Greenway II, LLC v. Wildenstein & Co., Inc.
MEMORANDUM ORDER AND DECISION GRANTING DEFENDANT'S MOTION FOR SUMMARY JUDGMENT re: 57 MOTION for Summary Judgment . filed by Wildenstein & Co., Inc.. For the reasons discussed above, Defendant's motion for summary judgmen t is GRANTED and the Amended Complaint is dismissed with prejudice. This constitutes the decision and order of the Court. It is a written opinion. The Clerk of Court is respectfully directed to terminate the motion at Docket Number 57 and close the case. (Signed by Judge Colleen McMahon on 5/9/2022) BY ECF TO ALL COUNSEL (kv) Transmission to Orders and Judgments Clerk for processing.
Case 1:19-cv-04093-CM Document 68 Filed 05/09/22 Page 1 of 14
u;:; C SDNY
UNITED STATES DISTRICT COURT
SOUTHERN DISTRICT OF NEW YORK
GREENWAY II, LLC as successor to
ELH TRONICALLY FILED
,. 5 1
No. 19-cv-4093 (CM) (RWL)
WILDENSTEIN & CO. INC. ,
- - - - - - - - - - - - - - - - - -X
MEMORANDUM ORDER AND DECISION GRANTING DEFENDANT'S MOTION
Plaintiff Greenway II, LLC ' s ("Greenway" or "Plaintiff') brings a single claim for fraud
against Defendant Wildenstein & Co. Inc. ("W&Co." or "Defendant"), a New York art dealership
located on Fifth Avenue in Manhattan. Plaintiff alleges that W &Co. defrauded plaintiff and its
predecessor, the NWW 1985 Trust (the "Trust"), when it sold an inauthentic Pierre Bonnard
("Bonnard") painting, entitled Still Life with Basket of Fruit ("Basket of Fruit" or the "Painting"),
to the Trust in June 1985. Plaintiff seeks to recoup the amount paid for the painting, $275,000,
plus expenses, statutory interest, costs, and fees.
Defendant moves for summary judgment pursuant to Fed. R. Civ. P. 56 and asks that this
Court dismiss Plaintiffs Amended Complaint in its entirety. (See Dkt. No. 57). Defendant moves
for summary judgment on two grounds: (1) Plaintiffs claims are barred by the applicable statute
Case 1:19-cv-04093-CM Document 68 Filed 05/09/22 Page 2 of 14
of limitations and (2) Plaintiff cannot, as a matter of law, show reasonable reliance on W &Co.' s
representations of the Painting's authenticity. The motion is opposed.
For the reasons that follow, Defendant's motion for summary judgment is GRANTED.
A. The Parties
Plaintiff Greenway is a limited liability company organized under the laws of Nevada and
successor in interest to the NWW 1985 Trust. (AC ,6). Plaintiffs members are individual trusts,
which are citizens of Nevada and Maine. (Id.). The NWW 1965 Trust transferred the painting to
Greenway in 2017 for estate planning purposes, at which time it conveyed all rights, title and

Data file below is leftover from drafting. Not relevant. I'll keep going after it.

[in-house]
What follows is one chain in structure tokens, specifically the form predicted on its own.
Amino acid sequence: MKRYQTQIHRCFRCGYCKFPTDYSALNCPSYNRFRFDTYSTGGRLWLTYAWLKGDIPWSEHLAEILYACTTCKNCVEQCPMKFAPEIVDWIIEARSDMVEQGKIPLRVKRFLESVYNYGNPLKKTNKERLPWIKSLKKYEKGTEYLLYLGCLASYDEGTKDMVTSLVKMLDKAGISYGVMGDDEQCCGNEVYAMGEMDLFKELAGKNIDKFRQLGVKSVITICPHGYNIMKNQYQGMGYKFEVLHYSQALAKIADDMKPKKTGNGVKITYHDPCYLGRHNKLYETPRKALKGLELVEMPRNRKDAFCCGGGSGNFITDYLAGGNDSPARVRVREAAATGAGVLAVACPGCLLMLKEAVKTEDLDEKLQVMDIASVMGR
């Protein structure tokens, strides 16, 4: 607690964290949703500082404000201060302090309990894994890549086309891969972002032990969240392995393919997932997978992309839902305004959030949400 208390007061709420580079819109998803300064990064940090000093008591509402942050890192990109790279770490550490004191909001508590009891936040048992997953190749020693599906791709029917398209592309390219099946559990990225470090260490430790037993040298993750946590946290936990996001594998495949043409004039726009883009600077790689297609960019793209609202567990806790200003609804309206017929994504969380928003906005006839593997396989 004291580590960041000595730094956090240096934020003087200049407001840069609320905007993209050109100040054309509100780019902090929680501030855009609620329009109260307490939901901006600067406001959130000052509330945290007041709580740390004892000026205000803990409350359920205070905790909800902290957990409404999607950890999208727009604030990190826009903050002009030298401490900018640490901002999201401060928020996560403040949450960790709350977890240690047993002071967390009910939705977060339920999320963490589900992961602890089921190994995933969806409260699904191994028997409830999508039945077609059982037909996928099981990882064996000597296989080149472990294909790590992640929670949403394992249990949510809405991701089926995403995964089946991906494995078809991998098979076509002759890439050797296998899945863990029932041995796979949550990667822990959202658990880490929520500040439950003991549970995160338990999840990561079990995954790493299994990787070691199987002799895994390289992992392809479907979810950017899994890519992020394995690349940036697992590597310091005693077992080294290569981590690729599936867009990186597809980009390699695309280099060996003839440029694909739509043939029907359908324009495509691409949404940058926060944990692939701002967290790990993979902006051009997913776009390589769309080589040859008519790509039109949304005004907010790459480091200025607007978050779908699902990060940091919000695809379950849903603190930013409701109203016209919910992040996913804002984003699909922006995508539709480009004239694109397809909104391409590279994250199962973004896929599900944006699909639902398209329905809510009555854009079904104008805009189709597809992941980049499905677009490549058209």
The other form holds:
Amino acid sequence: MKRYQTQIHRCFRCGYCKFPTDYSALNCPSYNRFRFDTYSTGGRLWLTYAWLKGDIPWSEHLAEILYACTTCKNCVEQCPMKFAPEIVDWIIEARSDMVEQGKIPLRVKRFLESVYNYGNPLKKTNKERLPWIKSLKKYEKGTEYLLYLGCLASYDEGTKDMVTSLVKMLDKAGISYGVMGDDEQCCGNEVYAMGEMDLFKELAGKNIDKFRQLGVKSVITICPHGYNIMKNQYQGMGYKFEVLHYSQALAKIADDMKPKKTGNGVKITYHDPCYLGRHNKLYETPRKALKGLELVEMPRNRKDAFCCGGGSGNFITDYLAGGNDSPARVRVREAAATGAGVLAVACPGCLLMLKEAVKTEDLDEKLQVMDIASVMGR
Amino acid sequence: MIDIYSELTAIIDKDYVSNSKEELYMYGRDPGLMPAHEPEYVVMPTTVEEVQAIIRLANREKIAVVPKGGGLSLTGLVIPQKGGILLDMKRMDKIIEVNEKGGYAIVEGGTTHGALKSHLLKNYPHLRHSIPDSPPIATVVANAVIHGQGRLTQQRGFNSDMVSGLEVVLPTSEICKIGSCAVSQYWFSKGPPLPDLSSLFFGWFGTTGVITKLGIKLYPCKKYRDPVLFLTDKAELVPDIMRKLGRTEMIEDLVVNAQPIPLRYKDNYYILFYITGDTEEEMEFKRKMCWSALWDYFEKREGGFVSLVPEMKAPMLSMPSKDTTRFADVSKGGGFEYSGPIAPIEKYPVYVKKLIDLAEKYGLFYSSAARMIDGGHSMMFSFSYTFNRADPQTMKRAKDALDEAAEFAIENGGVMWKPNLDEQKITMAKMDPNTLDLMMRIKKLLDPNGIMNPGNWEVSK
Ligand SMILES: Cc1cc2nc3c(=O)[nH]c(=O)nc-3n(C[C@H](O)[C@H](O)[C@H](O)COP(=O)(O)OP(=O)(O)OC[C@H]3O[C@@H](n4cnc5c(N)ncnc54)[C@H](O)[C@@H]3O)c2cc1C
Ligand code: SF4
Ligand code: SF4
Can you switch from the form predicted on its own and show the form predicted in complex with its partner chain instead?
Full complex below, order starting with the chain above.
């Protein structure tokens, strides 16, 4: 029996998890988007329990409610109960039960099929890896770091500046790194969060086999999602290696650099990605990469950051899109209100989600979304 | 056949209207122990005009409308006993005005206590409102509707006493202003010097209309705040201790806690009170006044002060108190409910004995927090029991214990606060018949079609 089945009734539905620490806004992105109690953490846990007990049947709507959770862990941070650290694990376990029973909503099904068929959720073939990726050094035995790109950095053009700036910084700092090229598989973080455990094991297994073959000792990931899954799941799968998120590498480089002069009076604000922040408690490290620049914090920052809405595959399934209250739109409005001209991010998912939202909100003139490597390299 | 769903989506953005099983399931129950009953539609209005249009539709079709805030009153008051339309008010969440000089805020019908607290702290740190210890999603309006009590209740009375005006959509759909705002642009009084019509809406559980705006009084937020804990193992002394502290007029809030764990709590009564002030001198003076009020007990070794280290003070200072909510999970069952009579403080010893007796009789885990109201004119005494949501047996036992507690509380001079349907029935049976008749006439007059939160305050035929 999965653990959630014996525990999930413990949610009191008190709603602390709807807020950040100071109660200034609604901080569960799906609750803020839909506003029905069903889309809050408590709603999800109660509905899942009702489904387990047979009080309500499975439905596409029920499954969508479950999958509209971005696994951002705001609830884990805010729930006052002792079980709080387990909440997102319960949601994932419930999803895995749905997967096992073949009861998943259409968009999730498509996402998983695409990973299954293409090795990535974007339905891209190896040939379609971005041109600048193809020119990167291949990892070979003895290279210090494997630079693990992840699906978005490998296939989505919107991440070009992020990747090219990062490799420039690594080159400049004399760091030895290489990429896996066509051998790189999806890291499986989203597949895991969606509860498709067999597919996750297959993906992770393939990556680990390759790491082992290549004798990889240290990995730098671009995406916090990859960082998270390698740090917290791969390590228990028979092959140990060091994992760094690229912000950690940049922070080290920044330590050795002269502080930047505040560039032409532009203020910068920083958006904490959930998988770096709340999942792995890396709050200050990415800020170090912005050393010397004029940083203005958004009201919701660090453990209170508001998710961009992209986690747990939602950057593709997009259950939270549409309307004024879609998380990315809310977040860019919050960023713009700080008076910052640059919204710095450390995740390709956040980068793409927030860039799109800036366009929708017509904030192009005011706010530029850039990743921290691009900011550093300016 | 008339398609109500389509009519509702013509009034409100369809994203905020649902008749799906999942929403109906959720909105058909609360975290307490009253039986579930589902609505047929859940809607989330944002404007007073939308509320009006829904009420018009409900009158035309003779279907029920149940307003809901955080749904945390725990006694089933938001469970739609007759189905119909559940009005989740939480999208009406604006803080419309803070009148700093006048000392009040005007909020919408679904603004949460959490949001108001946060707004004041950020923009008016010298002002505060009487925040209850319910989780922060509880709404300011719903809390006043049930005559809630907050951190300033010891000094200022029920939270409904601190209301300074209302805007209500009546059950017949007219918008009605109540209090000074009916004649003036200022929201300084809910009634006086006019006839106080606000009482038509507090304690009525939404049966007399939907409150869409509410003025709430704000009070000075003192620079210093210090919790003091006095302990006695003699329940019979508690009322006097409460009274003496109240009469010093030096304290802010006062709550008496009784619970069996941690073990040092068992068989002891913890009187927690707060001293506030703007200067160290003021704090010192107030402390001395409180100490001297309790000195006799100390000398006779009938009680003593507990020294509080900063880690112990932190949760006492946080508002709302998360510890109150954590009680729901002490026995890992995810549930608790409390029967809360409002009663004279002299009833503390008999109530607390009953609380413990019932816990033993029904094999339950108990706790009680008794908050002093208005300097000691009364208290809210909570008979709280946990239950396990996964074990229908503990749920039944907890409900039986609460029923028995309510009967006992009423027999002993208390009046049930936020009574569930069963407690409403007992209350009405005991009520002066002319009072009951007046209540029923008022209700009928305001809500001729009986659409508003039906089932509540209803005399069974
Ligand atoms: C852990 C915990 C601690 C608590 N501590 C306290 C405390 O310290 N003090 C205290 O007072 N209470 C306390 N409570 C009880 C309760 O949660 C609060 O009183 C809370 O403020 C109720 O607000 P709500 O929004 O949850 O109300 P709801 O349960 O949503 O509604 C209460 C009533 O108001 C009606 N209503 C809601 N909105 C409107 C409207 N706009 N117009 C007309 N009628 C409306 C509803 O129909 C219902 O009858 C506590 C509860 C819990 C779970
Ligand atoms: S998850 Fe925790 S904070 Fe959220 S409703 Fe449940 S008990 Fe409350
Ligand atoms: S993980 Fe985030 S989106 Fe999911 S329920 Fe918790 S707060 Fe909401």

interest in the artwork; the Trust also conveyed all claims, rights and causes of action that the Trust
had arising from or relating to the Painting. (Id.).
Defendant W&Co. is a New York corporation and art dealership with its principal place of
business in New York. (AC ~7).
B. Relevant Non-Parties
Non-party Neil Wallace ("Wallace") is the Trustee of the Trust. It was Wallace, acting on
behalf of the Trust, who purchased the inauthentic Bonnard painting from W&Co. in June 1985.
Non-party Kenworth Moffett, now deceased, was a respected curator for contemporary art
at the Boston Museum of Fine Art. Wallace retained Moffett in 1985 "as a consultant in [his]
acquisitions," and Moffett introduced Wallace to W&Co. in 1985. (Dkt. No. 59-9, at 18:23-24).
Unless specifically noted otherwise, the facts contained in this section are undisputed and are drawn from the parties '
Rule 56.1 statement of undisputed facts and response statement. (See Dkt. Nos. 60, 63).
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C. The Sale of the Basket of Fruit Painting
In 1985, Wallace's acquisition consultant, Moffett, suggested to Wallace that he "might be
interested in" the Basket of Fruit painting. (See Dkt. No. 59-9, at 20: 15-18). Moffett accompanied
Wallace to view the painting at W&Co. and Wallace did, indeed, like the Painting and wish to
Prior to the sale, W&Co. provided Wallace with a fact sheet containing information on the
Basket of Fruit, as well as a second Bonnett work entitled, Plat de Peches. (See Dkt. No. 59-5).
The fact sheet stated that both paintings were Bonnard works and included the description,
provenance and references for the paintings.
"References" are catalogs where the artist's work is or has been listed. A significant
"reference" for Bonnard works is the "Bonnard catalogue raisonne." The Bonnard catalogue
raisonne is a scholarly listing of all recognized Bonnard works. It was originally co-authored by
Jean Dauberville and Henry Dauberville, and later edited by Guy-Patrice Dauberville, the son of
Jean Dauberville. (AC ,r,r17-18). Plaintiff explains that Guy-Patrice Dauberville is "the single most
authoritative expert in the world on the works of Bonnard" (Dkt. No. 63, at 8) and the Bonnard
catalogue raisonne is "intended to be a comprehensive guide to the genuine works produced by
the artist." (AC ,r17). Absence from the catalogue raisonne, Plaintiff alleges, is a "bright red flag
of inauthenticity," while inclusion of a work in the catalogue raisonne is "compelling ... evidence